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Notes on Inquiry Institute 2009


This page is under construction.


Trajectory of Seminar/The Story


  • Inquiry is a search for and construction of meaning.
  • Meaning comes from building mental models or explanations that make sense of relationships between and amoung different components and the context in which they occur. Thus meaning is emergent, dynamic and contextual.  
  • As meaning is fundamentally contextual, collaboartion and social interactions is a key component.
  • Students make meaning when (from Bain, 2004, p.25) 1.) they confront an observation that conflicts with their current understandings/mental models, 2.) care enough to ask questions and inquire about the discrepancy and 3.) are able to handle the emotional upheaval that can sometimes accompany challenges to longstanding beliefs.
  • Cognitive Biology suggest that the human brain constructs meaning by moving through the following four modes: Observing, Reflecting, Theorizing and Acting. 
  • Are there age-dependent developmental steps to this process? (See W.G. Perry. 1970. Forms of Intellectual and Ethical Development in the college years: A Scheme. New York: Hold, Rinehart and Winston.) Four levels of learning that students move through, then jump between and use at different times accordingly:
  1. received knowers
  2. subjective knowers
  3. procedural knowers
  4. constructed knowers

(Use this hyperlink to see a brief summary and links to Perry's Work)



  • Given these assumptions about students and the human brain, what are the implications for teaching?  What is the role of a teacher within this framework?




  • No teacher can magically dump information into the brain of a student.  Knowledge is constructed not receieved (Bain, 2004, p.24). Thus, learning must start in an individual and mature in a social environment.  Learning must start with what a student already knows and can be built up from there.
  • If, we are all different, this means a teacher cannot possible know every student's exact needs.   Every single learner comes from a different family background, culture and genetic ancestry.  What then is a teacher's role.  Perhaps to help a student become an independent, self-regulating learner?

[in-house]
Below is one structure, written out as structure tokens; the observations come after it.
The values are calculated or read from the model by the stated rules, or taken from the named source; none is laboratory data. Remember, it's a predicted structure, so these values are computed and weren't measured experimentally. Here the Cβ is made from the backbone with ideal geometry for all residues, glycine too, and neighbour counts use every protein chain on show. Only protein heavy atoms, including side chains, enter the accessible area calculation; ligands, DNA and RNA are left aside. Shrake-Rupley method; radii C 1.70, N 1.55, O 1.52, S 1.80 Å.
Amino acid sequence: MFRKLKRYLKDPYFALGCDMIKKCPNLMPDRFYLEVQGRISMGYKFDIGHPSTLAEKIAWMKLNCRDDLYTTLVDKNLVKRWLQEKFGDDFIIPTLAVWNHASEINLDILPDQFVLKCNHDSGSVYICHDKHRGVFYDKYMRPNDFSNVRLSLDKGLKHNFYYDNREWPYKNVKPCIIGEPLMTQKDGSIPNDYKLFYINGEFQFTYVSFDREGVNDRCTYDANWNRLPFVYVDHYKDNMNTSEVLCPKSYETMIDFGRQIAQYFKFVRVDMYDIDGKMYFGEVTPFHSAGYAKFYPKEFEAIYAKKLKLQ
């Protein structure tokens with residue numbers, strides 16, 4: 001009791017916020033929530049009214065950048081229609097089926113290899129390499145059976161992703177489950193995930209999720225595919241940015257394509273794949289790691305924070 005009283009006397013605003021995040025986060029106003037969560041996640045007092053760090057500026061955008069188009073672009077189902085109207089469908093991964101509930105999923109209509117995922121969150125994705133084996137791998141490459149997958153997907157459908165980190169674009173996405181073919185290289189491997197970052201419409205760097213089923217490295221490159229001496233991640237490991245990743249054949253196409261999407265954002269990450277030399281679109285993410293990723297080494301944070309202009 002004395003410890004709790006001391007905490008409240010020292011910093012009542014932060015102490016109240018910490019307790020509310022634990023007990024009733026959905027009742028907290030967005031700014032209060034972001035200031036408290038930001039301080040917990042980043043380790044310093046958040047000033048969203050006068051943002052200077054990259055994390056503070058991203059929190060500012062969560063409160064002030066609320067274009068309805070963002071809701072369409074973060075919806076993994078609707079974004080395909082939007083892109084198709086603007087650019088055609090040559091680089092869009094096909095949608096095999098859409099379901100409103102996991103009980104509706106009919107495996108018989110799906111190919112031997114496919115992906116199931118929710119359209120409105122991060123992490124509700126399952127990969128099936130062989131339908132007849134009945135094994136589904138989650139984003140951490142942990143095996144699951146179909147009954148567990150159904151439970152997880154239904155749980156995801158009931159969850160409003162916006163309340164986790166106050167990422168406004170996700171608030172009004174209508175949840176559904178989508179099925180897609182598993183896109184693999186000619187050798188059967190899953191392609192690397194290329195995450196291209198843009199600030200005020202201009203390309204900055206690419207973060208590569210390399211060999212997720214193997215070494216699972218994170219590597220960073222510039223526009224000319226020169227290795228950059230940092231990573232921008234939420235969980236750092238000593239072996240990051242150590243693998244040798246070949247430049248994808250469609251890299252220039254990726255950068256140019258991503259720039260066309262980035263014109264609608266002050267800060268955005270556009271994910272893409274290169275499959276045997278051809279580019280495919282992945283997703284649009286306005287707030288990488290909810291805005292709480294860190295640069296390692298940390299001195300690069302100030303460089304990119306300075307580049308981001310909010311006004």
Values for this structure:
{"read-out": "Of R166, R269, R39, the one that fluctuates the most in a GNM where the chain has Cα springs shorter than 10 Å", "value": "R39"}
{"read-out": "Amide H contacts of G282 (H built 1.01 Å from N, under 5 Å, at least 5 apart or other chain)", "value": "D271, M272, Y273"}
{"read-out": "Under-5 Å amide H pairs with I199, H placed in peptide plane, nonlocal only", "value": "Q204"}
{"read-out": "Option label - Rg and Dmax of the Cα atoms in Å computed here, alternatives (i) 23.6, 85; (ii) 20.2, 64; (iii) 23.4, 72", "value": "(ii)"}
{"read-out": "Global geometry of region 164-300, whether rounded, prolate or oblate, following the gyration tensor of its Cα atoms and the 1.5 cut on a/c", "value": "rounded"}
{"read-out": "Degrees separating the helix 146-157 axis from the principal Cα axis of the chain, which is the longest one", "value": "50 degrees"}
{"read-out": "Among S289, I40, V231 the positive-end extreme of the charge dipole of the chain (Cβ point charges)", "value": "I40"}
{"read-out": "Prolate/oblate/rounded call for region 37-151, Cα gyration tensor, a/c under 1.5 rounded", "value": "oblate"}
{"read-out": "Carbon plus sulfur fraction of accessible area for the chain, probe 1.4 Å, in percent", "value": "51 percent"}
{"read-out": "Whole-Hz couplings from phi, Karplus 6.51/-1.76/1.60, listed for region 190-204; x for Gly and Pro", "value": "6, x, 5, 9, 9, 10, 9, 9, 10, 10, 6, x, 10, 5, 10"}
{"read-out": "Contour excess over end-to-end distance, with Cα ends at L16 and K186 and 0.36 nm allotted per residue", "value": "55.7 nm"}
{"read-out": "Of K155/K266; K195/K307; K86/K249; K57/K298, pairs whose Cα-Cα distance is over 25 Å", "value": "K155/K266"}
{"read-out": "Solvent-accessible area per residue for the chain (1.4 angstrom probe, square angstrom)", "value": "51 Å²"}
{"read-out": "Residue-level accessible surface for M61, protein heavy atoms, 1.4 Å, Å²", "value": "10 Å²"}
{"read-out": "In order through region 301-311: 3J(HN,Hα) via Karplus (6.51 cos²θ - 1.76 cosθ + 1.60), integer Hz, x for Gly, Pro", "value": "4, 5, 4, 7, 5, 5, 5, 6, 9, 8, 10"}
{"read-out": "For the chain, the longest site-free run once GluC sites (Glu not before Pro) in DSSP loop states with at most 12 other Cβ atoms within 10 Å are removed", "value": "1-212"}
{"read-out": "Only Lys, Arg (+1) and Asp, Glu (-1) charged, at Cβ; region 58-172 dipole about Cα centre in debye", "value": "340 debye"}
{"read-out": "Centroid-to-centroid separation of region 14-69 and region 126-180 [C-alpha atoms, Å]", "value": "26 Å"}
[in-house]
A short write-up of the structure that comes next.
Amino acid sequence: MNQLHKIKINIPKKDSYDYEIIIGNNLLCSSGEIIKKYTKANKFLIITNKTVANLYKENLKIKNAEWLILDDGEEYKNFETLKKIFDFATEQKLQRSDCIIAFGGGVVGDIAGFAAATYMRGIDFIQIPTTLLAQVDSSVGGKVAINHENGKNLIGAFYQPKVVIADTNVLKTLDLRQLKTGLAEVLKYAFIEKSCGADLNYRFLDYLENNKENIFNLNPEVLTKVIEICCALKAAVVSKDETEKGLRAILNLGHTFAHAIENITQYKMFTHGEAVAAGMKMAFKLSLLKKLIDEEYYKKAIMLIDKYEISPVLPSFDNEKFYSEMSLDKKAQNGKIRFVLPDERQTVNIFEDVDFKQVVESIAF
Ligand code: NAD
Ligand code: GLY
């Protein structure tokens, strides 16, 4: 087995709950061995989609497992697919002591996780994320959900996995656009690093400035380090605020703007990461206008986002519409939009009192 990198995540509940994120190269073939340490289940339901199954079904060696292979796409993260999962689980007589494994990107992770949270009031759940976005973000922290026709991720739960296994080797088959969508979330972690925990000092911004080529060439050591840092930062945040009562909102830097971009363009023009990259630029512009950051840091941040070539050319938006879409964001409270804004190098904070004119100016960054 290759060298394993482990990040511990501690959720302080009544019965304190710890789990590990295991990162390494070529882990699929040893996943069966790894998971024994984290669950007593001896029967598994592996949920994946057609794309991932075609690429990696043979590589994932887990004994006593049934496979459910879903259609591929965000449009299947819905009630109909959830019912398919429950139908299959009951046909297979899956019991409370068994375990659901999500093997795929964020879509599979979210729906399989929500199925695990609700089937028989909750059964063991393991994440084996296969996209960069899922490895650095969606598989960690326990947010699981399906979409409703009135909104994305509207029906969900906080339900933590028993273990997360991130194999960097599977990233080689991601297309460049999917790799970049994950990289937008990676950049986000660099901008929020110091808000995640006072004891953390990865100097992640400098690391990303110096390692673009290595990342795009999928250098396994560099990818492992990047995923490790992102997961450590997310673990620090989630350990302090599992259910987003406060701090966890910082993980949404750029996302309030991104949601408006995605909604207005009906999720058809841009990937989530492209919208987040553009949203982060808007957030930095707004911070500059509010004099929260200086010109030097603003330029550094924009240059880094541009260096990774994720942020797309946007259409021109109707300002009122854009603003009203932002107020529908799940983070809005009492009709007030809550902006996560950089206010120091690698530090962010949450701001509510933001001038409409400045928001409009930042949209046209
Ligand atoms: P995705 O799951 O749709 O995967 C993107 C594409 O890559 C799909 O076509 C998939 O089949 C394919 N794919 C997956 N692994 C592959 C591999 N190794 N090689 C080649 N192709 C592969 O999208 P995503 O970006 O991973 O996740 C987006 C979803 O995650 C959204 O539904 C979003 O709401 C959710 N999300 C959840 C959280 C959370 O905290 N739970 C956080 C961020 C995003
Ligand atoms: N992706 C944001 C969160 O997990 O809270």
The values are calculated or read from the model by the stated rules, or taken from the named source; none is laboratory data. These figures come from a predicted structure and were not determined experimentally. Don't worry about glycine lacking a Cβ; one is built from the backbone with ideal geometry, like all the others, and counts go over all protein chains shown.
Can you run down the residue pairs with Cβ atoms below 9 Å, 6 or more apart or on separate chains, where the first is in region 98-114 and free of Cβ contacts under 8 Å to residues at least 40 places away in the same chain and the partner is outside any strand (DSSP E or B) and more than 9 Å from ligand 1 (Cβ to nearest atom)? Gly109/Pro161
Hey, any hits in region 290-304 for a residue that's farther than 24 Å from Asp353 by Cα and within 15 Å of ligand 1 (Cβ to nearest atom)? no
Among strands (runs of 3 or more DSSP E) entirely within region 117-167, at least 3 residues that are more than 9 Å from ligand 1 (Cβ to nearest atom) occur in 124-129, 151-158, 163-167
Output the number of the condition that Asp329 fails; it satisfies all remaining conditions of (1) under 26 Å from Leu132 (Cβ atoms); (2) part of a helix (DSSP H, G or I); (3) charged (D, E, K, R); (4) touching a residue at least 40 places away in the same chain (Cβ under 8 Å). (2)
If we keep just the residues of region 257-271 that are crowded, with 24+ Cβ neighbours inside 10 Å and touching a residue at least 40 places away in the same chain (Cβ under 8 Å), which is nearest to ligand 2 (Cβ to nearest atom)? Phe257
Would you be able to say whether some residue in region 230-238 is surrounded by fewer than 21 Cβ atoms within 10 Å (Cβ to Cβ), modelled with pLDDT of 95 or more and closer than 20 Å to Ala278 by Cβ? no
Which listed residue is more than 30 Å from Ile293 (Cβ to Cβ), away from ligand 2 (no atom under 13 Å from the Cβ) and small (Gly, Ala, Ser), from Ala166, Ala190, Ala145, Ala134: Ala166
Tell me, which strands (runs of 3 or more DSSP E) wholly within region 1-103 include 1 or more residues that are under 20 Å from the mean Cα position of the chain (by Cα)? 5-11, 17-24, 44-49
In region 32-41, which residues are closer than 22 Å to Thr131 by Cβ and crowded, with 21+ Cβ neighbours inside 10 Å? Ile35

• Information is easy to access, constantly changing, often misleading and hard to judge.  Thus, teachers should help students learn how to make sense of information, what is relevant and what is not.  Again, teaching students to be indepenant learners and constructors of knowledge seems to be a reasonable approach.
  • Taken all together, it is not enough or perhaps even relevant to teach students content, but rather how to become independent, critical thinking, problem-solving, life-long learners within particular content areas.




Topic/Themes of the Day:

  • Starting where student/participants are.
    • knowing students
    • intersecting with students
    • place-based curriculum
    • community service-based curriculum
    • sustainability-science curriculum
  • Spiraling through important/key themes/skills
    • visit same and similar topics/questions/skills, but at varying levels of difficulty
    • visit same and similar topics/questions/skills, but from different perspectives (ie, in a lecture, a hands-on activity, a discussion or just with reflective questions like, how does what we just learned connect to other topics in this course? ... how does what we just learned connect to you? ... was this easy or hard for you to grasp?  ... was it meaningful to you, why or why not?



  • Creating a collaborative space to learn
    • interaction with others help define self, and define meaning for individuals as they compare them to other ideas from other individuals.